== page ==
January 12, 2010

Trading 101

Thought for the day: “Chaotic action is preferable to orderly inaction.” – Will Rogers

Speaking of chaotic action, let’s review trading basics. We tend to think trading is buying and selling stock. To quote John Kerry, would that it were! Most trading today isn’t done for capital appreciation but to capture short-term divergence or to balance risk.

We’ll start with the big picture. The broad market-structure profile thus far in January isn’t too different from the same period in December, except volumes are up about 20%. The increase is mostly electronic market-making – think of it like transaction processors who don’t own things but simply facilitate commerce for a fee. By our measure, that’s about 36% of trading.

Who’s doing business with them? For one, speculators. These participants, which range from the largest bulge-bracket desks to the smallest introducing brokers, have driven about 33% of volume in January. Notice that it’s similar in size to the EMM segment.

Risk-management program-trading is another roughly 21%. This activity rebalances index vehicles, mutual funds, asset-allocation models, counterparty obligations and so on. The remaining 10% is active investment. There’s some crossover of course, because algorithms run close to 98% of volume today and barely any trades are old-fashioned manual entry.

Keep in mind that investors pursuing value and growth don’t trade every day. They tend to do thing in lumps and globs. Still, owning things for sustained periods is risky business now. Instead, securities are in constant motion. This is why speculative and market-making volumes are so high. Inexpensive, high-speed execution is ubiquitous because there is constant, chaotic motion of shares, driven by complex mathematical systems.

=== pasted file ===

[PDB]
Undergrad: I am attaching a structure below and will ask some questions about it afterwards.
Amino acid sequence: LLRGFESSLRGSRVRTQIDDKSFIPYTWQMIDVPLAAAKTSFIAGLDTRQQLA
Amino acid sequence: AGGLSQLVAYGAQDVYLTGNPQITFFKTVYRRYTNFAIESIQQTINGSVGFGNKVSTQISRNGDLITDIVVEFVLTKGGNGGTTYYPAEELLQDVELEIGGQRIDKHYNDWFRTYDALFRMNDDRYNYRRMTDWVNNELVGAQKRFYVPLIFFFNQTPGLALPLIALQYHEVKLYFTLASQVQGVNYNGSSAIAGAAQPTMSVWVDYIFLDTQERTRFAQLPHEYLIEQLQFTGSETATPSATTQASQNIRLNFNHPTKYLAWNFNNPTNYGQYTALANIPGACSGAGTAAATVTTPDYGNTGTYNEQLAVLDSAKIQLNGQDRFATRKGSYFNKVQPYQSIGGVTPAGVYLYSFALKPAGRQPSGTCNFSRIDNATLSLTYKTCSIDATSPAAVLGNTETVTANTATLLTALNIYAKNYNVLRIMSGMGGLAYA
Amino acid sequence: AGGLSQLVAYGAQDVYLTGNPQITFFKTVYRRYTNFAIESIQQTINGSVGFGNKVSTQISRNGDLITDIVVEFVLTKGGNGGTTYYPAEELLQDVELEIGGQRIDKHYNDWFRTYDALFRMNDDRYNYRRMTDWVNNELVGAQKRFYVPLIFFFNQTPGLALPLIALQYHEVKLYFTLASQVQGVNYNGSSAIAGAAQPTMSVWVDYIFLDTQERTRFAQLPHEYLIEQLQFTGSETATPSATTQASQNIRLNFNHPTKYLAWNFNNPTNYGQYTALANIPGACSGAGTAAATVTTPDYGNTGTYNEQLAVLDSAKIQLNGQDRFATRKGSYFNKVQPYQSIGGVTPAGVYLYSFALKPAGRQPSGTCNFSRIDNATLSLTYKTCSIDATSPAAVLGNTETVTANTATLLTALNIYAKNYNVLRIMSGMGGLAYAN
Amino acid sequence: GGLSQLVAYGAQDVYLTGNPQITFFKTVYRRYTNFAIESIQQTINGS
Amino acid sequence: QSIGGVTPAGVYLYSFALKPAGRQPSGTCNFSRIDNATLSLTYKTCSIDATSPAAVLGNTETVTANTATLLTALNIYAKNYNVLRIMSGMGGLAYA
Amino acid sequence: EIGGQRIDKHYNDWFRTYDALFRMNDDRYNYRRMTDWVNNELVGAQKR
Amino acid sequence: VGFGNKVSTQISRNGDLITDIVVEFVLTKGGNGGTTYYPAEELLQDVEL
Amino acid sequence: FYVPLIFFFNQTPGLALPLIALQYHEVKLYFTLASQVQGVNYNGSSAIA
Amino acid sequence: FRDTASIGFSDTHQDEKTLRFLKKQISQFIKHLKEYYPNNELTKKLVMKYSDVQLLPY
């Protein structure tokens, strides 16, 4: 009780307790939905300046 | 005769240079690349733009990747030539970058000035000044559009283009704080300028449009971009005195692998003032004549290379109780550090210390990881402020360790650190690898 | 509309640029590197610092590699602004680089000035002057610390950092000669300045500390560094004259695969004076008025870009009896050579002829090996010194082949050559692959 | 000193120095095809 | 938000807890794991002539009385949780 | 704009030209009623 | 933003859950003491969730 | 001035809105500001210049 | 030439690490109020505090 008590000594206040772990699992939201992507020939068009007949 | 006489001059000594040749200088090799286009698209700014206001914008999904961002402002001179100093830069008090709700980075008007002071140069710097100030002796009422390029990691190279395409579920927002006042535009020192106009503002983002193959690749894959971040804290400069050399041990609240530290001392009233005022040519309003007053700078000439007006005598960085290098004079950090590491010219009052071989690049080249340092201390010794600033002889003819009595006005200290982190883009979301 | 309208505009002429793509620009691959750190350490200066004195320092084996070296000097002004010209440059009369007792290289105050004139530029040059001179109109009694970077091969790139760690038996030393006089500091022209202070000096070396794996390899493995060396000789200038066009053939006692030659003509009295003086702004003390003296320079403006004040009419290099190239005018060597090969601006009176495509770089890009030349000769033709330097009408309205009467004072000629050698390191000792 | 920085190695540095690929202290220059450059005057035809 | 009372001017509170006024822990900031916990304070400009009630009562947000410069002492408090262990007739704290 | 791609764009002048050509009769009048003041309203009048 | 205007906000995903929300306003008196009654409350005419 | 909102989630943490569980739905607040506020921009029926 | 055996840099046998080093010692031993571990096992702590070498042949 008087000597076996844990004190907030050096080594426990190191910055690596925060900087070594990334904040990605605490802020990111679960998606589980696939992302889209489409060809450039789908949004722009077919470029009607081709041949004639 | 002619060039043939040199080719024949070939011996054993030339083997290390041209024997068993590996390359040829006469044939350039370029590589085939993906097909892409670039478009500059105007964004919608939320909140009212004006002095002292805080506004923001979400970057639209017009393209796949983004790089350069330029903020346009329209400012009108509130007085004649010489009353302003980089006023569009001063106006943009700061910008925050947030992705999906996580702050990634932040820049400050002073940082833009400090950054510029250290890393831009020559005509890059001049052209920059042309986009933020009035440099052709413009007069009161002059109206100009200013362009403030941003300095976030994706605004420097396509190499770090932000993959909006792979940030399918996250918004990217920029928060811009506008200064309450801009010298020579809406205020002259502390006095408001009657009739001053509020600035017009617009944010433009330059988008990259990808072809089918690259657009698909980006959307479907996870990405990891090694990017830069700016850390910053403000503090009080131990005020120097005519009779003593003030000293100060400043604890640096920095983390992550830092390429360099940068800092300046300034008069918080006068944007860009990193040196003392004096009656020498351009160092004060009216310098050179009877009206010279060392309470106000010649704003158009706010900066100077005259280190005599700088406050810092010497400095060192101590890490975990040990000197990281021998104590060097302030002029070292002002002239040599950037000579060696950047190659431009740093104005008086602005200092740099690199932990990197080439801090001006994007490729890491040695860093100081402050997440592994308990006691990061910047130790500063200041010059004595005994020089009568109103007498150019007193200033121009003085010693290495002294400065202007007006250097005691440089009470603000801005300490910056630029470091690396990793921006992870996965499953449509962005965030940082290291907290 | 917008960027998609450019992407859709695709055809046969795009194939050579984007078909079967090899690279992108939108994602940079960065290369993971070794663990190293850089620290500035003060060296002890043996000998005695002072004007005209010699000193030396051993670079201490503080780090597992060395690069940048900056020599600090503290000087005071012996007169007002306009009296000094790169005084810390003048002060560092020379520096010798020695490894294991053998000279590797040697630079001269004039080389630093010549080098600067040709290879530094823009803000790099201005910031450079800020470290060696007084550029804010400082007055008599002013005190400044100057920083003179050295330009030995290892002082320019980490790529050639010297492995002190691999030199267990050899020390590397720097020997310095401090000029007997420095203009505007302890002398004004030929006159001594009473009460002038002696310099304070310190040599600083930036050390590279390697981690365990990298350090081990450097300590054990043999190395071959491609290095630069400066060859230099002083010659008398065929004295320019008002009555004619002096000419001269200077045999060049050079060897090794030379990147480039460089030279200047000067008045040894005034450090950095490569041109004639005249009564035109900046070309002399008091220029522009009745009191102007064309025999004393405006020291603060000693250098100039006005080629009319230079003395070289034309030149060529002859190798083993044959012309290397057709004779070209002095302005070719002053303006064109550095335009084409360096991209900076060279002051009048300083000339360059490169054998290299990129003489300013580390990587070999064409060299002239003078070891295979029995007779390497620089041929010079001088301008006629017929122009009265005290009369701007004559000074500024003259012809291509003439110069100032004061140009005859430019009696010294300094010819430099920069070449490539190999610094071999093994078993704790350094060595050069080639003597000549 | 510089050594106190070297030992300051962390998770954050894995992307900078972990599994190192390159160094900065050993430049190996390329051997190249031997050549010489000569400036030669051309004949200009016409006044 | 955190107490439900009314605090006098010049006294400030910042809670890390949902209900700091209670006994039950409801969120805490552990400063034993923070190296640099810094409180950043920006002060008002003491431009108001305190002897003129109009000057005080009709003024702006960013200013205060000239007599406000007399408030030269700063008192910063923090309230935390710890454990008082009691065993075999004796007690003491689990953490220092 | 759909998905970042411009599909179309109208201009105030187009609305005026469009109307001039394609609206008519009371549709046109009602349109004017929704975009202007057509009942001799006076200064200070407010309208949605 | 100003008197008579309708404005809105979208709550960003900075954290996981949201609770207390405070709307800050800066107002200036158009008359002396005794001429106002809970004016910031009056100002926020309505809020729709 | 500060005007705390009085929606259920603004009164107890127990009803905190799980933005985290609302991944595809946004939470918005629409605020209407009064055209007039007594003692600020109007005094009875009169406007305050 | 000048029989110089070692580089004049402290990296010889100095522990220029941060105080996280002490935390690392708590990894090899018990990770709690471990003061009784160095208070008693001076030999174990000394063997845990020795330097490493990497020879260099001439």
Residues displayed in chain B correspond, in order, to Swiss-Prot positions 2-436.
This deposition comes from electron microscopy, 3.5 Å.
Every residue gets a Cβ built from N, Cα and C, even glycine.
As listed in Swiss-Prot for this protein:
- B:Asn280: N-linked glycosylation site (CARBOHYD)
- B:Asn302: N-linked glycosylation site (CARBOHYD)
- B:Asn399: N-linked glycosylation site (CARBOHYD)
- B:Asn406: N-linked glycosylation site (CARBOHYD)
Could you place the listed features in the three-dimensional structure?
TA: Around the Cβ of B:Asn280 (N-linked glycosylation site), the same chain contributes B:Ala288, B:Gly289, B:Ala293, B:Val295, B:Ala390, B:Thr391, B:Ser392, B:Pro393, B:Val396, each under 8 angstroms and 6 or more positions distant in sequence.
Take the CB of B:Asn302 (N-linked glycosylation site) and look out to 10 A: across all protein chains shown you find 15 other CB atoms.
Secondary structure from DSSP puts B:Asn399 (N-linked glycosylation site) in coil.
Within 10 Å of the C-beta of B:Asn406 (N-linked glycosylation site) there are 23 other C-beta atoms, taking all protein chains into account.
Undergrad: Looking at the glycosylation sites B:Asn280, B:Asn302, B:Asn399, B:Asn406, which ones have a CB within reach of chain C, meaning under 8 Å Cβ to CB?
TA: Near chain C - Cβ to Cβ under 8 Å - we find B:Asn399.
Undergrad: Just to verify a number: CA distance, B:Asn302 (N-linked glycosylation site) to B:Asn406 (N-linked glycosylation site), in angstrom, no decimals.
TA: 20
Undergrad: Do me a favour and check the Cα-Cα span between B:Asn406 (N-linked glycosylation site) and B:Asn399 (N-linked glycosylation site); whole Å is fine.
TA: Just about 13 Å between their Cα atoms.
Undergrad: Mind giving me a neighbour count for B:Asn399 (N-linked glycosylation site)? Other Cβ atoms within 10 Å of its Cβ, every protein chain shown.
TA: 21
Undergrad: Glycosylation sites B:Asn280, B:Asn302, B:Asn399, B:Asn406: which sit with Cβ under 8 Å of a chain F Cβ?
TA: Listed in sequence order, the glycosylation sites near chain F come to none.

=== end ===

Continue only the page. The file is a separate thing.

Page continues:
Even active money moves this way. What an investor thought yesterday about the value of a given stock may be different today. Perhaps program trading changed, causing sales traders and execution specialists to take offensive or defensive postures. There’s no stasis in the markets, unless it’s what regulators illogically and weirdly hope to achieve with “systemic risk.”

Ironically, these conditions mean market structure is easier to understand than you might think. Math is logical. Even Chaos Theory is a mathematical proposition. Things move from a state of order to a state of disorder. Molecules move apart over time to fill available space.

This matters, IROs, mostly because it’s reality. We can deny reality and continue to do the same old thing. Or we can be proactive and redefine our job and its measures.

Resolve that Twenty Ten is the year you’ll get to know your market structure and introduce your management team to your stock’s Market Structure Profile.

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